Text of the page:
Wednesday, July 8, 2009
I am going to scream. As a matter of fact, that's where I was right before I took a shower: soaked to the skin in sweat, face covered in tears, and screaming. In marathon running there is this thing that happens at around the 20mile point called "the wall". It's where you feel like you can't go any further, even though you have 6.2 more miles until the finish line. I feel like I have hit "the wall" today, even though instead of having 6.2 miles, I have a lifetime to go.
We have this lovely wrought-iron arbor-gate that has ripped off it's hinge for the 2nd time- this time leaving a hole in the wrought iron that looks exactly like a rip. I, the artist in the family, who is interested in metalwork, says "I can fix that"...Okay, that was four months ago now? First, I realized my oxy-acetylene torches were not going to fix something like that. So we spend three months looking for a used MIG that I can also use in my studio and is somewhat affordable. Finally found one, now I have spent the last three weeks slowly teaching myself the machine, plus actually making it work right. Discovered that it was missing a couple parts along the way. I emphasize the slowly part, as of course there many other life things that have to be done, like work. And the #MailArt project I just completed with wonderful Twitter artists (more on this later).
So now I am working on the gate itself. I need to first re-enforce the hole with steel rod before I "sew" up the hole, level it, and re-attach it to the hinge. This all sounds so simple, but it has taken me two solid days of work to figure this out exactly. Not to mention, it is well over 100 degrees by the afternoon, beginning at around 80 in the morning. I work as hard as I can before the sun drives me inside. Considering that welding also involves the wearing of heavy clothing, I am sweating buckets of water.
I finally almost have the hole re-enforced, when the MIG acts up- wire spool unraveling and when I open up the machine, wire pops out at me everywhere. I lose it. Miller doesn't make the bushings that make this easier anymore. I don't exactly know why, I just need to re-adjust the nuts again for the spool, but this is where I break down. I am crying and stomping and sweaty and frustrated. Why am I doing this project? What money is this actually saving us? The fact that I am the owner of this MIG, and therefore responsible to actually use it in my art is settling on me like a lead weight. Why did the professor say when she saw my metalwork that I had found my calling? It's easy when I have a professor and all the tools I need at my disposal. Now, in my relatively small studio, with maybe 1/4 of the tools I would need to actually do something artistic, no extra money to buy these tools, and no room to store the work anyway- I am ready to sell everything and call it quits. I feel about a millions years away from having a viable business as an artist. I feel very alone out in the real world right now. The momentum of being built up by professors and finally graduating with my dream degree is gone. Even my fellow artists I graduated with are becoming more and more difficult to network with. I am 5-10 years older, with a family, doing a completely different type work. insert scream of frustration again. This is only a small sample of the many negative turns my brain has recently taken this morning.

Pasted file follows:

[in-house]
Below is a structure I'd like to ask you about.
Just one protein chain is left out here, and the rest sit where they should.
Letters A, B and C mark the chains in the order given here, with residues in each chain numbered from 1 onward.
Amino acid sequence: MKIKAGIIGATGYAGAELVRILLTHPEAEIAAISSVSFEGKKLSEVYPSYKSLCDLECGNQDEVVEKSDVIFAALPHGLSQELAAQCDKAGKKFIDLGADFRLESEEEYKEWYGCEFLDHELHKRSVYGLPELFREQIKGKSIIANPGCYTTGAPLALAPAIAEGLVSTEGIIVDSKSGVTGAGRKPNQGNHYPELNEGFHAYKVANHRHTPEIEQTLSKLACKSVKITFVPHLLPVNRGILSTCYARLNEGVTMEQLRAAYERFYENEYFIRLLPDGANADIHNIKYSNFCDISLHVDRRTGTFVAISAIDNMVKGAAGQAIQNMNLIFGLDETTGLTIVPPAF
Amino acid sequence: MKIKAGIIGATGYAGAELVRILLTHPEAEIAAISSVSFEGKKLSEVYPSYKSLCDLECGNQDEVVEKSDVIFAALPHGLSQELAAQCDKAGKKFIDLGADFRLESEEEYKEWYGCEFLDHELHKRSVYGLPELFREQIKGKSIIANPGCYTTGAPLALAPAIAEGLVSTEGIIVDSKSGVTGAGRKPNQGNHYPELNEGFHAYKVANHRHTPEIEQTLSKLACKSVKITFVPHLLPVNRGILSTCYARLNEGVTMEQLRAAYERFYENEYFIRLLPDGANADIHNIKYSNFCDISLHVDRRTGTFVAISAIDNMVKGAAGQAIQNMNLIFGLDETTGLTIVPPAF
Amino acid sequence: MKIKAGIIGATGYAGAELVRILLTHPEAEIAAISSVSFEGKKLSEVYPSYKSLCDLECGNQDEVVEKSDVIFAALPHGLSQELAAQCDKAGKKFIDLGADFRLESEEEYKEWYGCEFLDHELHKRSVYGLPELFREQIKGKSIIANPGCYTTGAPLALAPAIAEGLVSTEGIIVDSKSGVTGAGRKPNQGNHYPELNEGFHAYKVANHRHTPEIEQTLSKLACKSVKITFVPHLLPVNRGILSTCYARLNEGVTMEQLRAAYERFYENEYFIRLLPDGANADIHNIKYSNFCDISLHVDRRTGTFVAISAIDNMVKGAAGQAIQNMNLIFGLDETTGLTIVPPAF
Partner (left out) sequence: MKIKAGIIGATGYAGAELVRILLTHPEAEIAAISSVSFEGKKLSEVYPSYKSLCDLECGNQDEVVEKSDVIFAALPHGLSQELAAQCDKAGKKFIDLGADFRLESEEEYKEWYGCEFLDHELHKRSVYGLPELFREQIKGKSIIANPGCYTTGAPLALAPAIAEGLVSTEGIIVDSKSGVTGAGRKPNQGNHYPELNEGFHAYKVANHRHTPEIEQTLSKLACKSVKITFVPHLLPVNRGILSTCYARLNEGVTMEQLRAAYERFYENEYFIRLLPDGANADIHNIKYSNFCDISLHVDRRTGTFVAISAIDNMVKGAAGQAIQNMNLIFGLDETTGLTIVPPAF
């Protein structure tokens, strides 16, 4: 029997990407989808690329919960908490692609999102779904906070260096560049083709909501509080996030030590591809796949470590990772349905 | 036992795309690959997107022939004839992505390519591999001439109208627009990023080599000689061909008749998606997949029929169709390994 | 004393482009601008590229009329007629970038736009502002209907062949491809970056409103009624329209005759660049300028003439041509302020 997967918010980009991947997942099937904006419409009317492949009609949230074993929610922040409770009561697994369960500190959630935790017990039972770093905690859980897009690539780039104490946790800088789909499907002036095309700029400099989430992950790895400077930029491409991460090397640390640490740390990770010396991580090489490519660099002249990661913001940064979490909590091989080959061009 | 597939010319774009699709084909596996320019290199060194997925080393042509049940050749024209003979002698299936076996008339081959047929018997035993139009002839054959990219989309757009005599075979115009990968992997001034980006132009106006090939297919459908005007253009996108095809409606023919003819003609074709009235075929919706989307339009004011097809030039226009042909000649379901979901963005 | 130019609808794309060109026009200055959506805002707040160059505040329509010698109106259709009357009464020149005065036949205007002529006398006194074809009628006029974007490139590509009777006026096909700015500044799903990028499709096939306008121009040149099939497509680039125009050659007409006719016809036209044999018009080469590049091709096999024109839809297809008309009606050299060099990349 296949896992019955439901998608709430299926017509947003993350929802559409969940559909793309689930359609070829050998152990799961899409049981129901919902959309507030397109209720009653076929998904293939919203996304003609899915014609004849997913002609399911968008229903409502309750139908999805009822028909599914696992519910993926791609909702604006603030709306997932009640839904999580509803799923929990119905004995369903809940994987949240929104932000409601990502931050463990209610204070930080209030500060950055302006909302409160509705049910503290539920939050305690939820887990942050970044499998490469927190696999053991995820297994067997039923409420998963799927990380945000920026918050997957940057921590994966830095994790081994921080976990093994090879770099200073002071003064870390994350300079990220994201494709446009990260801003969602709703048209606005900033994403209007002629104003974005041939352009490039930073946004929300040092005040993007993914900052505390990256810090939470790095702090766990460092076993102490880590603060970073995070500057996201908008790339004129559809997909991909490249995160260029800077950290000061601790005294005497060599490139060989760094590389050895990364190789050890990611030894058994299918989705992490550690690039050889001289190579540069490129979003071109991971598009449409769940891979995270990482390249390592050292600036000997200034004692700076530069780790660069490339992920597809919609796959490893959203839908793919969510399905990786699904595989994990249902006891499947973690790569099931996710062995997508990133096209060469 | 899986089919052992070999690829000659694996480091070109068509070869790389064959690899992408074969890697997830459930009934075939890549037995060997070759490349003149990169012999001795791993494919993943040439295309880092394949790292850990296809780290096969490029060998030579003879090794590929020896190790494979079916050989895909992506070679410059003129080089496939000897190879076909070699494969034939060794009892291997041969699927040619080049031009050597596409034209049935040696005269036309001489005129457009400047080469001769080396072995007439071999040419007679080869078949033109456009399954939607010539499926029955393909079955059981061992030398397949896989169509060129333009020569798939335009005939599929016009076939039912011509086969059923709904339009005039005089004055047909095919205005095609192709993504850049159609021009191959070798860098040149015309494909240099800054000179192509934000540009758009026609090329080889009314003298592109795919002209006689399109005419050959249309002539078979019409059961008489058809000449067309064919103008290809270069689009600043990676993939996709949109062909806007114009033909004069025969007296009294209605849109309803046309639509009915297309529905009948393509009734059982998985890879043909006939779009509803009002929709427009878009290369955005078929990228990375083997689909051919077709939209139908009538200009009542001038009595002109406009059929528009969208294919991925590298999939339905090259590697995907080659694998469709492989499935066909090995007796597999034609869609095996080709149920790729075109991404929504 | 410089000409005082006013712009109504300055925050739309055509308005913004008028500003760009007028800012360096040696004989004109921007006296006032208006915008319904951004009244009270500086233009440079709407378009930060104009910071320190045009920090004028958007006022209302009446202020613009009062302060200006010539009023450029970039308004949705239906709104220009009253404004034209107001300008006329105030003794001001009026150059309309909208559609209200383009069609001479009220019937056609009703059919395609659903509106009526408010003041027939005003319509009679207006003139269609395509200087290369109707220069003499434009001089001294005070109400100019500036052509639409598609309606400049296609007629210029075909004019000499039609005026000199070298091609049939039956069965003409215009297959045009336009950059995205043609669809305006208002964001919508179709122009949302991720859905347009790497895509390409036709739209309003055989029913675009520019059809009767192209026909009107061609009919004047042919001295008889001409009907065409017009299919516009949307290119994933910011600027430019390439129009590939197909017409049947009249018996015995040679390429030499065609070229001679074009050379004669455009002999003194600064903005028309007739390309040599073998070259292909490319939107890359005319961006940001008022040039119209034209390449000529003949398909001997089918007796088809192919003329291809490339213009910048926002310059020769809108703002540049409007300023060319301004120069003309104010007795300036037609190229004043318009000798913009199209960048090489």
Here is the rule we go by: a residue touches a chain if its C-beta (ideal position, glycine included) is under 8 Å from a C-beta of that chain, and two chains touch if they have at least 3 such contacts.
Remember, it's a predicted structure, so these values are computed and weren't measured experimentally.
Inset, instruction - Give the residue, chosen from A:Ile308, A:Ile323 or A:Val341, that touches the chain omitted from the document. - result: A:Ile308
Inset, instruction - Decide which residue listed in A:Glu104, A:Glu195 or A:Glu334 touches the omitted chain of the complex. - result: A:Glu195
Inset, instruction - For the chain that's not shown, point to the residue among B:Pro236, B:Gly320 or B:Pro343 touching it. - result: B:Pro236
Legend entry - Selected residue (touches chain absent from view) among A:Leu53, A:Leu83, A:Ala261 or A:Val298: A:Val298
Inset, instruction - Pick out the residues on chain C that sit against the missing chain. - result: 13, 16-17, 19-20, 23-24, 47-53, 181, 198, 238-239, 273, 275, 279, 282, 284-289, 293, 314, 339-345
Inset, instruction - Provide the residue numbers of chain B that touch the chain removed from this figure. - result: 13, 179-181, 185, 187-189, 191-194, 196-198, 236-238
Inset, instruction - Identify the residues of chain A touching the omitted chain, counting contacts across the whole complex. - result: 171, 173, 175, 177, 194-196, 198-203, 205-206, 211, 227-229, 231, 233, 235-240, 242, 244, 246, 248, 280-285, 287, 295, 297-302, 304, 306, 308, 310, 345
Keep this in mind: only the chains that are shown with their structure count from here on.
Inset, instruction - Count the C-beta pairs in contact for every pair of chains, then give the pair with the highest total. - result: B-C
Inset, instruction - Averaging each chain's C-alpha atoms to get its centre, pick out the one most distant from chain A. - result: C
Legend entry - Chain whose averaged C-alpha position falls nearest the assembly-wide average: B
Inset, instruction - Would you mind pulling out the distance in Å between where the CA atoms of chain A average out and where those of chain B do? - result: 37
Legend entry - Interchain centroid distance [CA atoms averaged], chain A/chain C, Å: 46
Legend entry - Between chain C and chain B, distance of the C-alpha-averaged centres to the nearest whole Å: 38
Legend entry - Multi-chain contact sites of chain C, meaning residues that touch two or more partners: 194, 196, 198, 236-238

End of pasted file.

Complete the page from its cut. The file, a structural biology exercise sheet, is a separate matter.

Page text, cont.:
When my dear boyfriend comes home to find me in my disheveled state, he says "at least you didn't die in the car accident I just saw."
I just want to draw.
Okay, so I am not going to call it quits. I am going to once again, put the spool back together and finish this project. I'm taking the next two weeks to see my parents and sister in Ohio- then I can return refreshed and ready to tackle this challenge again. I'm not sure how the marathoners get through the wall, I think they just put their head down and do. I'm going to try to do the same. Every person goes through this. I am also going to stop complaining for the rest of today.
On a different note, here are two beautiful discoveries I have made in the last month. Found an almost intact butterfly a few days ago and the cocoons were spun on our wrought iron gate. In fact, they are from the very same caterpillars I almost killed, but saved at the last minute instead. (see very first post). They have come full circle, and left me beautiful cocoon shells in their wake. I'm not sure how I am going to use this artistically just yet, but they will become part of my work in the near future, I am sure. They will go on my "shelf of special treasures".Just as soon as I finish this damn gate.